31 Jul Your Pool: Maintaining Value & Fun
Ahhhh… the daydreams of hosting weekend parties, adopting an invigorated fitness routine that includes swimming laps after work and spending long afternoons lounging poolside while cultivating the perfect tan. The idea of having a pool in your own backyard can be incredibly glamorous.
However, a crucial element of pool ownership that is not so glamorous… the maintenance. Without routine pool maintenance, your pool will not only succumb to a variety of less-than-luxurious conditions, but also the value of your home while having a beautifully maintained pool will begin to decrease if you neglect its care. Besides, no one wants to lay by a pool that’s seen better days.
Whether you’ve just opened your pool for the very first season or you’ve been a proud owner for many years, these tips may help keep your pool season fun from start to end.
Skimming and Scrubbing: A Must
Skimming the leaves and debris off of the surface of the water is a no-brainer, but it bears repeating. For a truly pristine pool, skimming should be done daily. If you have a bit of money to spend, consider buying a robot vacuum that will help clean the pool for you.
In addition to skimming, scrubbing the sides of the pool will prevent algae build-up. Scrubbing doesn’t need to be done quite as often as skimming. You can get away with scrubbing once every other week. Just look for any growths and go at them with a scrub brush to keep your siding looking fresh and clean.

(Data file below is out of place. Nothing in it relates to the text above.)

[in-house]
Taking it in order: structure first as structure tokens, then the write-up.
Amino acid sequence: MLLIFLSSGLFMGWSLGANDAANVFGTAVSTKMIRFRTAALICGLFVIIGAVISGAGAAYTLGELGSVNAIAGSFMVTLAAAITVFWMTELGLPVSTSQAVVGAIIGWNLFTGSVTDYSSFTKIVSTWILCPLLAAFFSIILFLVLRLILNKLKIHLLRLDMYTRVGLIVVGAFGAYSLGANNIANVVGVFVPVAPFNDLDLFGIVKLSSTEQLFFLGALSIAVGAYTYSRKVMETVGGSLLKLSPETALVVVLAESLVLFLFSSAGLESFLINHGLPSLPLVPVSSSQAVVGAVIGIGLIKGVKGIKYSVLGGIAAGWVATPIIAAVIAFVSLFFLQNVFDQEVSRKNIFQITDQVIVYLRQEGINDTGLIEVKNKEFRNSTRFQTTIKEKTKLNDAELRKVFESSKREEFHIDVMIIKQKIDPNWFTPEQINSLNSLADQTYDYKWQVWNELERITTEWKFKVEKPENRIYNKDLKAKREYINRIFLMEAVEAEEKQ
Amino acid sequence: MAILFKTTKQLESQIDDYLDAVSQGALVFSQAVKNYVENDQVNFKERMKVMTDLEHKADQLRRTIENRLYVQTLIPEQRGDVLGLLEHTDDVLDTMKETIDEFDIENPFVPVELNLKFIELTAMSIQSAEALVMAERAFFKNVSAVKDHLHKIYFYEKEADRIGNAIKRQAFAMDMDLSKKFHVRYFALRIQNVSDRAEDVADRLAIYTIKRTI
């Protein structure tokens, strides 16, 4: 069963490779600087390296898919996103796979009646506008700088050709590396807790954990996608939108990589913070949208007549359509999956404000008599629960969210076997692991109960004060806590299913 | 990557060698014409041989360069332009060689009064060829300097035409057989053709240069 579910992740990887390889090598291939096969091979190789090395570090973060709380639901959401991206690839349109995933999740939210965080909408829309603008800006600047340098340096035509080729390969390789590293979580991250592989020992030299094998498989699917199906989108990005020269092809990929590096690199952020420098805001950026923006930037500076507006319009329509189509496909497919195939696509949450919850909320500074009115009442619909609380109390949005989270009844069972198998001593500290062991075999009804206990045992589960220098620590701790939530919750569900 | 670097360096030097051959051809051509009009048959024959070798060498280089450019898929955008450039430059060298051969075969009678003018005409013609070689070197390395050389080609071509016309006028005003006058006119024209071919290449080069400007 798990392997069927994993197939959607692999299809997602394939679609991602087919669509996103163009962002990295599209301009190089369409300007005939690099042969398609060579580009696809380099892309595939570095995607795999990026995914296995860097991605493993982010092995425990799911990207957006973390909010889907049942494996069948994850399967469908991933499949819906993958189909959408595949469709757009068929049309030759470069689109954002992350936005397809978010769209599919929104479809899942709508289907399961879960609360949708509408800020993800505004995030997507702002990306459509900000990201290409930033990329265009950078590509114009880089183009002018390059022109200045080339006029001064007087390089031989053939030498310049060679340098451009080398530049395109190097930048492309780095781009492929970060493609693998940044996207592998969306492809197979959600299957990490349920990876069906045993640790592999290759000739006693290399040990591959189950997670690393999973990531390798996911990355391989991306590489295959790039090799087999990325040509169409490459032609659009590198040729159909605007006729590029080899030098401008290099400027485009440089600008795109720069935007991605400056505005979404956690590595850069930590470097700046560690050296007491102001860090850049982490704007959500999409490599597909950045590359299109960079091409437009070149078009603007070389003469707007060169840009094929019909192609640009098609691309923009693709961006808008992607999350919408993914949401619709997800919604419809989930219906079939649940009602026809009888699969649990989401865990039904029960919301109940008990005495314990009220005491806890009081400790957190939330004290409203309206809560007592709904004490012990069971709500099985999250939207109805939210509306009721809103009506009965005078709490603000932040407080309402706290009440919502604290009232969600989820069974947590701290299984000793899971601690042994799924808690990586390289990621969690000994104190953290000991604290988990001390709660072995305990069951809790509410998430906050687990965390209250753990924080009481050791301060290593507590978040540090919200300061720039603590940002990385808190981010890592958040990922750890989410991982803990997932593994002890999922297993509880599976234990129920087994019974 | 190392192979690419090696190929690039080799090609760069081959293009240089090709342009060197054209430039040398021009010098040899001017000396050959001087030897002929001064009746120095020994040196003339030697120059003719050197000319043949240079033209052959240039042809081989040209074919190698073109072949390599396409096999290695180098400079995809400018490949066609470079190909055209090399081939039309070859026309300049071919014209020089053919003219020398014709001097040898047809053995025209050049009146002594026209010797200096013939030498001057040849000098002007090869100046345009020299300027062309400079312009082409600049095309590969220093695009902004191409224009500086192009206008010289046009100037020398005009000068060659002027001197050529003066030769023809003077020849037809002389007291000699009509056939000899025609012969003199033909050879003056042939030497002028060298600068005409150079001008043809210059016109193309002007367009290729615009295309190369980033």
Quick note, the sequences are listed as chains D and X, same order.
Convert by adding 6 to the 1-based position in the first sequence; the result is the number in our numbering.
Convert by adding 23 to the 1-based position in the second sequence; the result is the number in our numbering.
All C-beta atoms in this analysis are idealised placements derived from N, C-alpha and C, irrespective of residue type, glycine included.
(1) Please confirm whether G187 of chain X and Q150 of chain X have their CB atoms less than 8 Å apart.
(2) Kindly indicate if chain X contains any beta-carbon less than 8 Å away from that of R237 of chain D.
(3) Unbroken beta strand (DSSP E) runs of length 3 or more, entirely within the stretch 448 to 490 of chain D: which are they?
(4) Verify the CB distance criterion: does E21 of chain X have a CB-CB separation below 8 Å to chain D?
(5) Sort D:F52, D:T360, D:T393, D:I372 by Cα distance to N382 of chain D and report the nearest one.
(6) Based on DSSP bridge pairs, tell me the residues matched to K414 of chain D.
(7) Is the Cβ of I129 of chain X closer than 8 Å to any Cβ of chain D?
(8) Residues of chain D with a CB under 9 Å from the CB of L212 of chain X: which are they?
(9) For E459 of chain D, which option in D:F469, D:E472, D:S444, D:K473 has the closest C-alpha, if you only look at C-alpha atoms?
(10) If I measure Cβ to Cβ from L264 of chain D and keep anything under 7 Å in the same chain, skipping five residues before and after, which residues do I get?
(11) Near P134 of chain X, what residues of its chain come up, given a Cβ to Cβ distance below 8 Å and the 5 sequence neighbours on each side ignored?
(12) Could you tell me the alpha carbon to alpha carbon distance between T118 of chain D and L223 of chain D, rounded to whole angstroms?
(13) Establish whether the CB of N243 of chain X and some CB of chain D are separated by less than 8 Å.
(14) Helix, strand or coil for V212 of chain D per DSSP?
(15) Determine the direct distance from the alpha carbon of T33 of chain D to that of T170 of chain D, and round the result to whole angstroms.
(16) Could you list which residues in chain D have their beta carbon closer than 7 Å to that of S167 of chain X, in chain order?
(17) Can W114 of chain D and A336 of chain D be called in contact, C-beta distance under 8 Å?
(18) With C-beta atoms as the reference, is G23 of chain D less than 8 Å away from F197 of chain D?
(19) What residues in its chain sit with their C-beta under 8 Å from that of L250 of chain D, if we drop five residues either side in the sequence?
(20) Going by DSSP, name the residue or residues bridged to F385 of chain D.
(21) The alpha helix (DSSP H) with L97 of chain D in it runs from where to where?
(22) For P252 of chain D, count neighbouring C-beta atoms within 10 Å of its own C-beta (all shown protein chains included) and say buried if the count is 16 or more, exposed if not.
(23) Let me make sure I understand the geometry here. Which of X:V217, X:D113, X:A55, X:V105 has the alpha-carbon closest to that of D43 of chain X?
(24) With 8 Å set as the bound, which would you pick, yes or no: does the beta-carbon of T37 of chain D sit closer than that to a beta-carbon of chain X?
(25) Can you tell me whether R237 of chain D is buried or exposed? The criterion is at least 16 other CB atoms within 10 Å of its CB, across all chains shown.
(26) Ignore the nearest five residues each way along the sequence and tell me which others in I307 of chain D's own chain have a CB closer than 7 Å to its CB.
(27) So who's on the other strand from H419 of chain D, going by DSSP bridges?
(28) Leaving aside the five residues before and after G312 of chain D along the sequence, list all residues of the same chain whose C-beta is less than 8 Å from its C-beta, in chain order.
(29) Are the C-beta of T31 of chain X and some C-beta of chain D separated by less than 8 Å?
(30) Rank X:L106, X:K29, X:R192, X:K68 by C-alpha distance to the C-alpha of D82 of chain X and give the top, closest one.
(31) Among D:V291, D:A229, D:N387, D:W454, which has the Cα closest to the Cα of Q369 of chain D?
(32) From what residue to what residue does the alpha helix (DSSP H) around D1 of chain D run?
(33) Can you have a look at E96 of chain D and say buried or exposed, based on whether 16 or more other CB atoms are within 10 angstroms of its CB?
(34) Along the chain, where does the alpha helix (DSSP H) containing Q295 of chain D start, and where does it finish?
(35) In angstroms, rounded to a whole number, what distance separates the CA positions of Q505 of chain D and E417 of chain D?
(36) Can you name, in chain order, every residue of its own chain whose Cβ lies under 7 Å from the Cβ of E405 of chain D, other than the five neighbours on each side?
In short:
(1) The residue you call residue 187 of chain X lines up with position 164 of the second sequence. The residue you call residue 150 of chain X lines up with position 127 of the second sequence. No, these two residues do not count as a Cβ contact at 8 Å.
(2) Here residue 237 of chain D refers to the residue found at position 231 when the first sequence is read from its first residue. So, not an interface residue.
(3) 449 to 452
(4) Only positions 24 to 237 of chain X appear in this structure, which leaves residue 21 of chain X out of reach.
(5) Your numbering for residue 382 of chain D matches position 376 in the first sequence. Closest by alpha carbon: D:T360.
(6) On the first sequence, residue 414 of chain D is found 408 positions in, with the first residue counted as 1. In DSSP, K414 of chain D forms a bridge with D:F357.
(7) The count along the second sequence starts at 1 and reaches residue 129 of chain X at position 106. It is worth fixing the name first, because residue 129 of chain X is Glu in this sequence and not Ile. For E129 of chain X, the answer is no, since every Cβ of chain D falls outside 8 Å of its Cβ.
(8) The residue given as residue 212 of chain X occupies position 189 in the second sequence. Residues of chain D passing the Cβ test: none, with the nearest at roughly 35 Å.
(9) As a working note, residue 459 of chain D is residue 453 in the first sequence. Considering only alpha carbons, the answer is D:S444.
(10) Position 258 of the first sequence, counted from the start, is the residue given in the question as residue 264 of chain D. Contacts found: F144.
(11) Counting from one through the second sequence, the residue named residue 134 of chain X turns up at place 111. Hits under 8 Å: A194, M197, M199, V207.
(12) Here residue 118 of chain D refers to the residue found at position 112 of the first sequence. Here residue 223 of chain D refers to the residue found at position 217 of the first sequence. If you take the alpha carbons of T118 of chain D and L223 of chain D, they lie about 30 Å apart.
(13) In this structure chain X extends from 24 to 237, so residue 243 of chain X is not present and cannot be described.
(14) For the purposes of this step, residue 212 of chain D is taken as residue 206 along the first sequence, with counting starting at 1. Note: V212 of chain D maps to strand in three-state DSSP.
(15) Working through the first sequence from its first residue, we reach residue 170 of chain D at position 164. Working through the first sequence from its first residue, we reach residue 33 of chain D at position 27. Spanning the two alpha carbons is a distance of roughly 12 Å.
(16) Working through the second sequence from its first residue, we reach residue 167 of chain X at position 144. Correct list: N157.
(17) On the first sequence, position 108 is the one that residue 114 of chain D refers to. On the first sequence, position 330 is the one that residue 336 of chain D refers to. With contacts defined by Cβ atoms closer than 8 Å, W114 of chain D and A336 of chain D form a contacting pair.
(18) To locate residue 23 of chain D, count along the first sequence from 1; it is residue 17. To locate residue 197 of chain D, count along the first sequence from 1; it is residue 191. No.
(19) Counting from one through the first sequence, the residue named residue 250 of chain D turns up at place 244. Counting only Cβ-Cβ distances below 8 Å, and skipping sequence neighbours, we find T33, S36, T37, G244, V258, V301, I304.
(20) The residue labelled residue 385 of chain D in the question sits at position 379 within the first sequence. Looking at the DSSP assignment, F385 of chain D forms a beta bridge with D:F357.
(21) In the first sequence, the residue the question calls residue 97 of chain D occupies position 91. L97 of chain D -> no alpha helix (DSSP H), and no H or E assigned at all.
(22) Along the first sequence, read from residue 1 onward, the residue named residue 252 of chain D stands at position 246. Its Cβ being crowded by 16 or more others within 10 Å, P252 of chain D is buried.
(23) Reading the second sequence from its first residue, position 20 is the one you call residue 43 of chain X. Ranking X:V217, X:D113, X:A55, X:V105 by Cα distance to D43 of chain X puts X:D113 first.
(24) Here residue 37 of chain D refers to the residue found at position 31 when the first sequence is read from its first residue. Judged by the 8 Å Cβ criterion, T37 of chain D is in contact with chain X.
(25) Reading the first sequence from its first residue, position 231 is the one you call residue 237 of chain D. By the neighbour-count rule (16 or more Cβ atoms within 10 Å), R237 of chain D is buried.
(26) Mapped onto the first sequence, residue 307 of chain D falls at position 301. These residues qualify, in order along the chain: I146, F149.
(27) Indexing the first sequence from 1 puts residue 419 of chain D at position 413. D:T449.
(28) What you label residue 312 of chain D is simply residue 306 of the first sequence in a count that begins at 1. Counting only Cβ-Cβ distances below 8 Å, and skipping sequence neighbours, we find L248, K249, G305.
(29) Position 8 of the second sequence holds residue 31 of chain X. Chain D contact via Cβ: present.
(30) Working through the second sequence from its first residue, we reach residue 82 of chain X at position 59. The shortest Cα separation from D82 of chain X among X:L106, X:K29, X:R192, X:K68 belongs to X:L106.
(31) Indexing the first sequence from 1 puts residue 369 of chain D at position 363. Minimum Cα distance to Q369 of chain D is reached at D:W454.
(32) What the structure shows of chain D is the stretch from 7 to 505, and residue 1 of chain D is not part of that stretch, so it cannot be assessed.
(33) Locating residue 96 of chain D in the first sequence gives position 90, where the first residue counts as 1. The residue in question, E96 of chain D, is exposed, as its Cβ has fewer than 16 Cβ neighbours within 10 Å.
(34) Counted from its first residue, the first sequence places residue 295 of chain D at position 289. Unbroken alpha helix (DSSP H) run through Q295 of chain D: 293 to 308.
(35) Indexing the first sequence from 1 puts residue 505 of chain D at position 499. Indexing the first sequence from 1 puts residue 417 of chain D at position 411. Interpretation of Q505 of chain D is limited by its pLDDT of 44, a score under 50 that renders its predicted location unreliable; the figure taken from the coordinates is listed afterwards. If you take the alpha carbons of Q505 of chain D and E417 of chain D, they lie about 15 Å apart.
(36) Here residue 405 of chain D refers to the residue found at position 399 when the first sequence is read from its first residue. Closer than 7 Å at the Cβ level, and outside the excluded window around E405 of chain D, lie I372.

Repurposing an old sock can be useful for stubborn spots that won’t go away easily with any amount of scrubbing. Simply fill the sock with chlorine and let it sit on top of the spot for a few hours before scrubbing again. The chlorine will eat away at the algae and you’ll finally have a use for those socks without pairs. It’s a win-win.
The Filter: Your Pool’s Kidneys
Just as the kidneys are constantly working to remove impurities from your body, your pool’s filter is responsible for removing impurities from the water – like dirt, leaves, and even small toys.
To keep your filter clean is to keep your pool clean, so clean out your filter basket at least once a week. Simply turn off the filter, remove the filter cap located on the pool deck, lift out the filter basket, and remove any debris before replacing everything.
Once a month, clean out the pipes of your filtering system by backwashing. Simply set your filter to “backwash,” then remove the leaf basket and clean it out. Lastly, turn on your pump and let it run until the waste pipe ejects clear water.